[115 NJL Page 245]

The speed of defendant's car was estimated by plaintiff at twenty-five or thirty miles an hour, and by another witness as "coming very fast."

There was testimony that after the accident, plaintiff had a conversation with the defendant, in which defendant said that he had been to take some friends to a boat, who were going on an outing, and that he had not driven his car for about six months and the brakes were no good, that they didn't work.

The driver of the truck following defendant's car testified that defendant had pulled out to pass another car on the bridge and in so doing the wheels of his automobile caught in the car tracks and this caused defendant's car to strike the car which it was about to pass and skid to the left side of the roadway and hit plaintiff's car.

No motion was made for a nonsuit at the close of plaintiff's case.

The defendant's version of the accident differed. He denied that his car had skidded on the rails at any time before the collision. He testified that he was traveling in a westerly direction on the bridge on his righthand side at about fifteen to eighteen miles per hour, and that other cars were traveling in the same direction in a lane to his right and that as he was passing a car on his right it pulled to its left, striking the right rear of defendant's car and causing it to skid over to the wrong side of the road where it was struck by the plaintiff's car. He said that plaintiff's car was traveling at a high rate of speed and didn't do anything to avoid the collision except to swerve about a foot when he was hit.

Taking as true all the evidence which supports the plaintiff's view and giving him the benefit of all legitimate inferences which may be drawn therefrom, in his favor, it would appear that the defendant pulled out of a lane of traffic at a high rate of speed, traveling on the wet roadway of a bridge containing trolley car rails, with brakes that didn't work, and in so doing, collided with a car in front of him and then swerved across the roadway into the path of plaintiff's car, which was where it lawfully should be, and struck and damaged it.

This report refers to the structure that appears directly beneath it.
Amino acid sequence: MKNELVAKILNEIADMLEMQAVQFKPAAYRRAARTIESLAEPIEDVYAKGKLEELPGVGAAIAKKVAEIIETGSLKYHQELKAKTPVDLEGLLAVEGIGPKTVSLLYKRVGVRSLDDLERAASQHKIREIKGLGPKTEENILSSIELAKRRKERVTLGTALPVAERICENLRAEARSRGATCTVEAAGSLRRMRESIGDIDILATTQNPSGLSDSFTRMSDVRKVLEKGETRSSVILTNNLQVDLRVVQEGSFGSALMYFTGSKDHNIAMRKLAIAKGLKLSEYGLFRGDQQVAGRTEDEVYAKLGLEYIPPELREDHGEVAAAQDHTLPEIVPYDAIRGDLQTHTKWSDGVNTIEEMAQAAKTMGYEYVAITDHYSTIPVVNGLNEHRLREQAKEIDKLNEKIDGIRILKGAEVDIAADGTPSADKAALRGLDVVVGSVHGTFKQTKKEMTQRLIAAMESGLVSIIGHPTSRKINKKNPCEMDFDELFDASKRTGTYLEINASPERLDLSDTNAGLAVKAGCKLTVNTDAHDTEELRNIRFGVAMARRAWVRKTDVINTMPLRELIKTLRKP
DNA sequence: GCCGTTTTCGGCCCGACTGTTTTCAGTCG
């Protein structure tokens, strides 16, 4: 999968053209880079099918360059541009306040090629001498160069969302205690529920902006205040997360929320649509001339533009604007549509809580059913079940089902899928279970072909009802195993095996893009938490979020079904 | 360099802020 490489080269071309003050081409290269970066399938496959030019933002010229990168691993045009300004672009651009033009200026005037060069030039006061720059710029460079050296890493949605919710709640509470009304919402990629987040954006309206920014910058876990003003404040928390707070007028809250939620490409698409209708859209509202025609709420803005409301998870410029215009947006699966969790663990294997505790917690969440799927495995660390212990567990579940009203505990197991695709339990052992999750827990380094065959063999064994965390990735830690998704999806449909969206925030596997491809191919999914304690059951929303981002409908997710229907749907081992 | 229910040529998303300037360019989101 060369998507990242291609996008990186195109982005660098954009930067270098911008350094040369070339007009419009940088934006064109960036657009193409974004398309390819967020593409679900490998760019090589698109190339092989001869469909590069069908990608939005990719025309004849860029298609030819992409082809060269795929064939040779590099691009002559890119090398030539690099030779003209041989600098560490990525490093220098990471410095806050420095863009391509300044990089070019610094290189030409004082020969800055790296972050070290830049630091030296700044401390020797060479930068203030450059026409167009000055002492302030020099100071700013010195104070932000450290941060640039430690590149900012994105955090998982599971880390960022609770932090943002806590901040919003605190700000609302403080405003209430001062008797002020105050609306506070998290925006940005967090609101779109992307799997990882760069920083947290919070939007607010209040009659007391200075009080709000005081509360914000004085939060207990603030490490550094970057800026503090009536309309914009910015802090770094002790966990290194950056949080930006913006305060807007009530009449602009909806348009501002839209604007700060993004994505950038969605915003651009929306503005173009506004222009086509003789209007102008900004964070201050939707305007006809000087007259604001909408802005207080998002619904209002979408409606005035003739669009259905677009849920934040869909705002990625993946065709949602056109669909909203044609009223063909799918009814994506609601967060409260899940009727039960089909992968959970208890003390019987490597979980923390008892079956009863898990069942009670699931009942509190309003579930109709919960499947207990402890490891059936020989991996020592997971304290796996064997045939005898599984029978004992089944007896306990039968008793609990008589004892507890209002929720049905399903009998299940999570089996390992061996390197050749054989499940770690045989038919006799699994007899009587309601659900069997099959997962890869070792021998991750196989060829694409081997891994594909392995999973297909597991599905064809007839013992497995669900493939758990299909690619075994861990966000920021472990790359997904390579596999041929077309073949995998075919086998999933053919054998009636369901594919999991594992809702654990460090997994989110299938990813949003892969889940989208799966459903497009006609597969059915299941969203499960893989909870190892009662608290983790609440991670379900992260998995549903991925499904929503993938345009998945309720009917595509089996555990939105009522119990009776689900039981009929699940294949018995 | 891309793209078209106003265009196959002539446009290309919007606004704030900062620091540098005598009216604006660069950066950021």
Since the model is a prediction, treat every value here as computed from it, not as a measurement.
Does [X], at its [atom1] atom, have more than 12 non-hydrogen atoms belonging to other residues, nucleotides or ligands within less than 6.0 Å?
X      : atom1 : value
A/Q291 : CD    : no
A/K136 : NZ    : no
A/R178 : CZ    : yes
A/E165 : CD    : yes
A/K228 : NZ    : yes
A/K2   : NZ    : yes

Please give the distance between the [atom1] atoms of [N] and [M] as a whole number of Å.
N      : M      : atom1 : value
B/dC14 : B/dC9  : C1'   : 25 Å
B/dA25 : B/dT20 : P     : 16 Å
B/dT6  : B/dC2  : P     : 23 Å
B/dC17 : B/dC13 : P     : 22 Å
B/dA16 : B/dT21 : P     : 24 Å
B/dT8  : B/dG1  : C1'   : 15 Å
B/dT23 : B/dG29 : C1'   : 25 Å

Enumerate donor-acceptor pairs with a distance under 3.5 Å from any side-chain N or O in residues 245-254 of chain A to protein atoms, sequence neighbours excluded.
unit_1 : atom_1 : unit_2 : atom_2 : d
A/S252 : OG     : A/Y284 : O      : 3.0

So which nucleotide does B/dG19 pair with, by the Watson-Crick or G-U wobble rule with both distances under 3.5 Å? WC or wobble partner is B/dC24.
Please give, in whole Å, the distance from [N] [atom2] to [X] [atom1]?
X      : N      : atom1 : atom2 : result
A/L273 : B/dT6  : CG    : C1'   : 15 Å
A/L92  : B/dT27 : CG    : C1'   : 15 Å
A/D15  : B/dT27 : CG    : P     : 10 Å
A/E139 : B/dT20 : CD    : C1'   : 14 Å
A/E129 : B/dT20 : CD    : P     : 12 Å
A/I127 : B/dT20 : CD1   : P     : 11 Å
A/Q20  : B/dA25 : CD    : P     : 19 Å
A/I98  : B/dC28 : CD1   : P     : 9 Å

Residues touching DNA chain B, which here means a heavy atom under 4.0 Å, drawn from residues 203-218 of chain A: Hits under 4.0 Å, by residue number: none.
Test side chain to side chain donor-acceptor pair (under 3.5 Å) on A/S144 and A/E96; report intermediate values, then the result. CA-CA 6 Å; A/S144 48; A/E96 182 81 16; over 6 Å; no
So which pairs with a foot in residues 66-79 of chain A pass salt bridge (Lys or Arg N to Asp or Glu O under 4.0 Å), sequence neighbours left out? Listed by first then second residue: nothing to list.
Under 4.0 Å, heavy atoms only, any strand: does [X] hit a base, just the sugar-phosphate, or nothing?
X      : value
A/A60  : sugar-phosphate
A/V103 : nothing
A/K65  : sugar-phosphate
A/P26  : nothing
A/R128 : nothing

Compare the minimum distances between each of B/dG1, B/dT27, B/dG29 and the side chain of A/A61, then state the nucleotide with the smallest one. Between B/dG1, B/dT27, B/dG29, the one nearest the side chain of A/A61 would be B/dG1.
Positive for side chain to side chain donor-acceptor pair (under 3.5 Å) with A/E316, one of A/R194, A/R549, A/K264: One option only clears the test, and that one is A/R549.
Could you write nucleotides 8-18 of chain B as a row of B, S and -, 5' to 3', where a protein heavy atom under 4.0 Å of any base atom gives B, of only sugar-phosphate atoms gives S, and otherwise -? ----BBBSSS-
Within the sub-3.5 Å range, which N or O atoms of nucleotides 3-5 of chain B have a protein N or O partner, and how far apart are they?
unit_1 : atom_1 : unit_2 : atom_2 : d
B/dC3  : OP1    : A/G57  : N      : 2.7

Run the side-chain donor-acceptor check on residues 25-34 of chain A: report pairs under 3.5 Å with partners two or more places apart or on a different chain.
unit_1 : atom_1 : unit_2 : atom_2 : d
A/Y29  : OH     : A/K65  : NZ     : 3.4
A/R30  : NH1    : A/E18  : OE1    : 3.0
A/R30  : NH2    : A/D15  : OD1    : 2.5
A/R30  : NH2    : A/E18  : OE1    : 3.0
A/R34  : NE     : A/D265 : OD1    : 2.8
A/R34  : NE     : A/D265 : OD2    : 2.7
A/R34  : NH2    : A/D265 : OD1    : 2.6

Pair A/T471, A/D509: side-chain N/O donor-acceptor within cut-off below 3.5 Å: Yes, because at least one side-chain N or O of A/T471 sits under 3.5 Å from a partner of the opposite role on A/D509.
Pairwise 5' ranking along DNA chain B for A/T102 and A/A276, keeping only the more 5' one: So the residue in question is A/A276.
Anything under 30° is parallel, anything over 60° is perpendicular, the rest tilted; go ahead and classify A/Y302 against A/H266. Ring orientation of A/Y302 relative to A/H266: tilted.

[115 NJL Page 246]

We held in Rush v. Jeffries, 110 N.J.L. 307, that a defendant owed a duty to use reasonable care in the operation of an automobile and under the conditions of the weather (rain, wind and snow) a greater degree of care was imposed than would have been required under other conditions.

It seems clear to us that it was for the jury and not for the court to determine whether the defendant operated his car as a reasonably prudent person would do under the same or similar circumstances, and that the question as to the plaintiff's contributory negligence was also one for the jury to determine.

We are of the opinion that it was error for the trial court to direct a verdict for the defendant.

The judgment of the Essex County Circuit Court is therefore reversed, and a venire de novo is directed to issue.

For affirmance -- None.